The red brick of the Oxford Hotel practically glows at sunset.

Western Landmark: The Oxford Hotel

Any hotel worthy of representing Denver’s colorful history has to live at the crossroads of Manifest Destiny and great beer. Both are in the foundations of the Oxford Hotel in Denver’s stylish “LoDo” district. The Oxford isn’t just Denver’s oldest historic luxury hotel; it is a reflection of the city’s story, established by the owner of the largest pre-Prohibition brewing company west of the Missouri, designed by Colorado’s leading architect of the day, and gilded over the years with a collection of fine art with a story of its own.

Seeded by the Pikes Peak gold rush, the mining town of Denver boomed after it connected to the transcontinental railroad. Adolph Zang, gold miner and owner of Zang Brewing Company, saw the need for luxury accommodations near the new Union Station.

Zang tapped Frank E. Edbrooke, Denver’s premier architect, to design the Oxford in 1890 as a modern marvel. The Rocky Mountain News lauded its opulence and cutting edge conveniences, including steam heating, electric and gas lighting, and a “vertical railway” (read: elevator) to upper rooms for expansive views of the bustling city. Fine furniture, marbled floors, frescoed walls, silver chandeliers and stained glass adorned its interiors, while a resplendent saloon served Zang’s “Fritz Imperial.”

Early on, a tradition emerged at the Oxford wherein artists were permitted to pay their bills with art. Such was the case for John Fery, an Austrian immigrant and lauded painter whose Panoramic Mountain Landscape has its home in the Oxford’s lobby. The 40-piece permanent collection features numerous paintings, including one by Charles Partridge Adams, who many consider to be Colorado’s finest landscape artist. Also found in the collection are stained glass windows of Dutch landscapes (c. 1900), Art Deco panels by Alley Henson (c. 1930) and a sculpture by Frederic Remington.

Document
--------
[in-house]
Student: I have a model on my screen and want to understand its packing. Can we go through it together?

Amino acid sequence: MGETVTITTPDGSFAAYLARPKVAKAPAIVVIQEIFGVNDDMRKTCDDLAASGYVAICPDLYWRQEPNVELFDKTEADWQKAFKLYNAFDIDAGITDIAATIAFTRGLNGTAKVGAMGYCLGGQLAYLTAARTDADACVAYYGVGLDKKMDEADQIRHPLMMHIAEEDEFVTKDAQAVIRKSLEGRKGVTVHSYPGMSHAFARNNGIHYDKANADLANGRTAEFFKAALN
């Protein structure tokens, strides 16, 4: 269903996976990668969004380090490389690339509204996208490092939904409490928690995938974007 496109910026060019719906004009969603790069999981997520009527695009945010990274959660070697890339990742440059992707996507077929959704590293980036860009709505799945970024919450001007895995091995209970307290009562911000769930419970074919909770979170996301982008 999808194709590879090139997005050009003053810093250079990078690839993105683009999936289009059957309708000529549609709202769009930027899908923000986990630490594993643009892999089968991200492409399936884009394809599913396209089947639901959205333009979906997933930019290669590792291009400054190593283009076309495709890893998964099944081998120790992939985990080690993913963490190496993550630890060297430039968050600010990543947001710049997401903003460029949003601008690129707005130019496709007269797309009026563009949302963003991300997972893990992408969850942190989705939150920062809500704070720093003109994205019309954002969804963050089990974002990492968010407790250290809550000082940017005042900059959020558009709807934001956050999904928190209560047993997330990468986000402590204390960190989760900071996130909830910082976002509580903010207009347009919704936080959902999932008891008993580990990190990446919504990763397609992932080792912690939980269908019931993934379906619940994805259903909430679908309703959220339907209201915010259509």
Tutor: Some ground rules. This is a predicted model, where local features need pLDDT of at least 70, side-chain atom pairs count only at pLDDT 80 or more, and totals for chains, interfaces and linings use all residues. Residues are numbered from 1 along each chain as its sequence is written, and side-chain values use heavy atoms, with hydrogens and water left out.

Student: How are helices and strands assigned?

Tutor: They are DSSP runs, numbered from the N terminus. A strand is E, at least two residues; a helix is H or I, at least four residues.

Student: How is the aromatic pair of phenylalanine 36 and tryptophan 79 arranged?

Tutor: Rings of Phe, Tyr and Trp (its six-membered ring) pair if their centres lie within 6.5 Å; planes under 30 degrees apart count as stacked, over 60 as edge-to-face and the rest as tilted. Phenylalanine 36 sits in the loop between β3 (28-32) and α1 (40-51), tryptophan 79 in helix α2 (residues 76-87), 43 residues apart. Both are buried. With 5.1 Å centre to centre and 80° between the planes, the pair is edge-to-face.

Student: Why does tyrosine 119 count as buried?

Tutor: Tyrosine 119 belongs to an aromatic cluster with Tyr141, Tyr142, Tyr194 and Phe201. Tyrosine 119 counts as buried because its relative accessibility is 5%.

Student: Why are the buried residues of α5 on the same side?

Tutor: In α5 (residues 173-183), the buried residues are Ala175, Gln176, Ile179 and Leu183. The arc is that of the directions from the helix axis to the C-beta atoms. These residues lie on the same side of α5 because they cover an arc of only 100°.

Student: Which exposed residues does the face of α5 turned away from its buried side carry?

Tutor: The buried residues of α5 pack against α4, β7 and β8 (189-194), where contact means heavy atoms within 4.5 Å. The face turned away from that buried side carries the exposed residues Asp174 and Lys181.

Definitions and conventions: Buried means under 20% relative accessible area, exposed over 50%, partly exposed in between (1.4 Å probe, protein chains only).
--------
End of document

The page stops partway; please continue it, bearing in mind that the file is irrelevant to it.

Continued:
In the heart of Denver, the Oxford experienced ups and downs along with the city. In the postwar era it narrowly escaped the trend of demolition that wiped out many of Denver’s 19th-century buildings, but it didn’t escape the quasi-urban blight that followed. When lower downtown revived 30 years ago, so did the Oxford. An early-1980s major restoration uncovered a trove of original architectural details and artworks, many of which had been dry-walled over, obscured by paint or entombed in basements for decades. It took three years to restore the Oxford to its original splendor and has been consistently recognized ever since as one of the best hotels in Western America, flush with history, elegant in nature, excellent in service.

With 80 guest rooms (including a presidential suite) the Oxford is boutique in size but stately in spirit. Notable figures, from heads of state to hard rockers, have been hosted by the Oxford, while locals and out-of-towners alike avail themselves of the Oxford’s on-site dining options — fine fare at McCormick’s Fish House and Bar, and Denver’s best martinis at the Cruise Room (an ultra-chic holdover from the Oxford’s Art Deco days). And, true to its roots, the staff is quick to direct visitors to the best breweries in town for an authentic Denver experience.

Ultimately, history isn’t just about the passing of years but the richness contained in them, just as luxury isn’t only about sprawl, but character. This is the kind of history and luxury to which the Oxford Hotel lays unique claim in Denver, and which keeps its admirers coming back.

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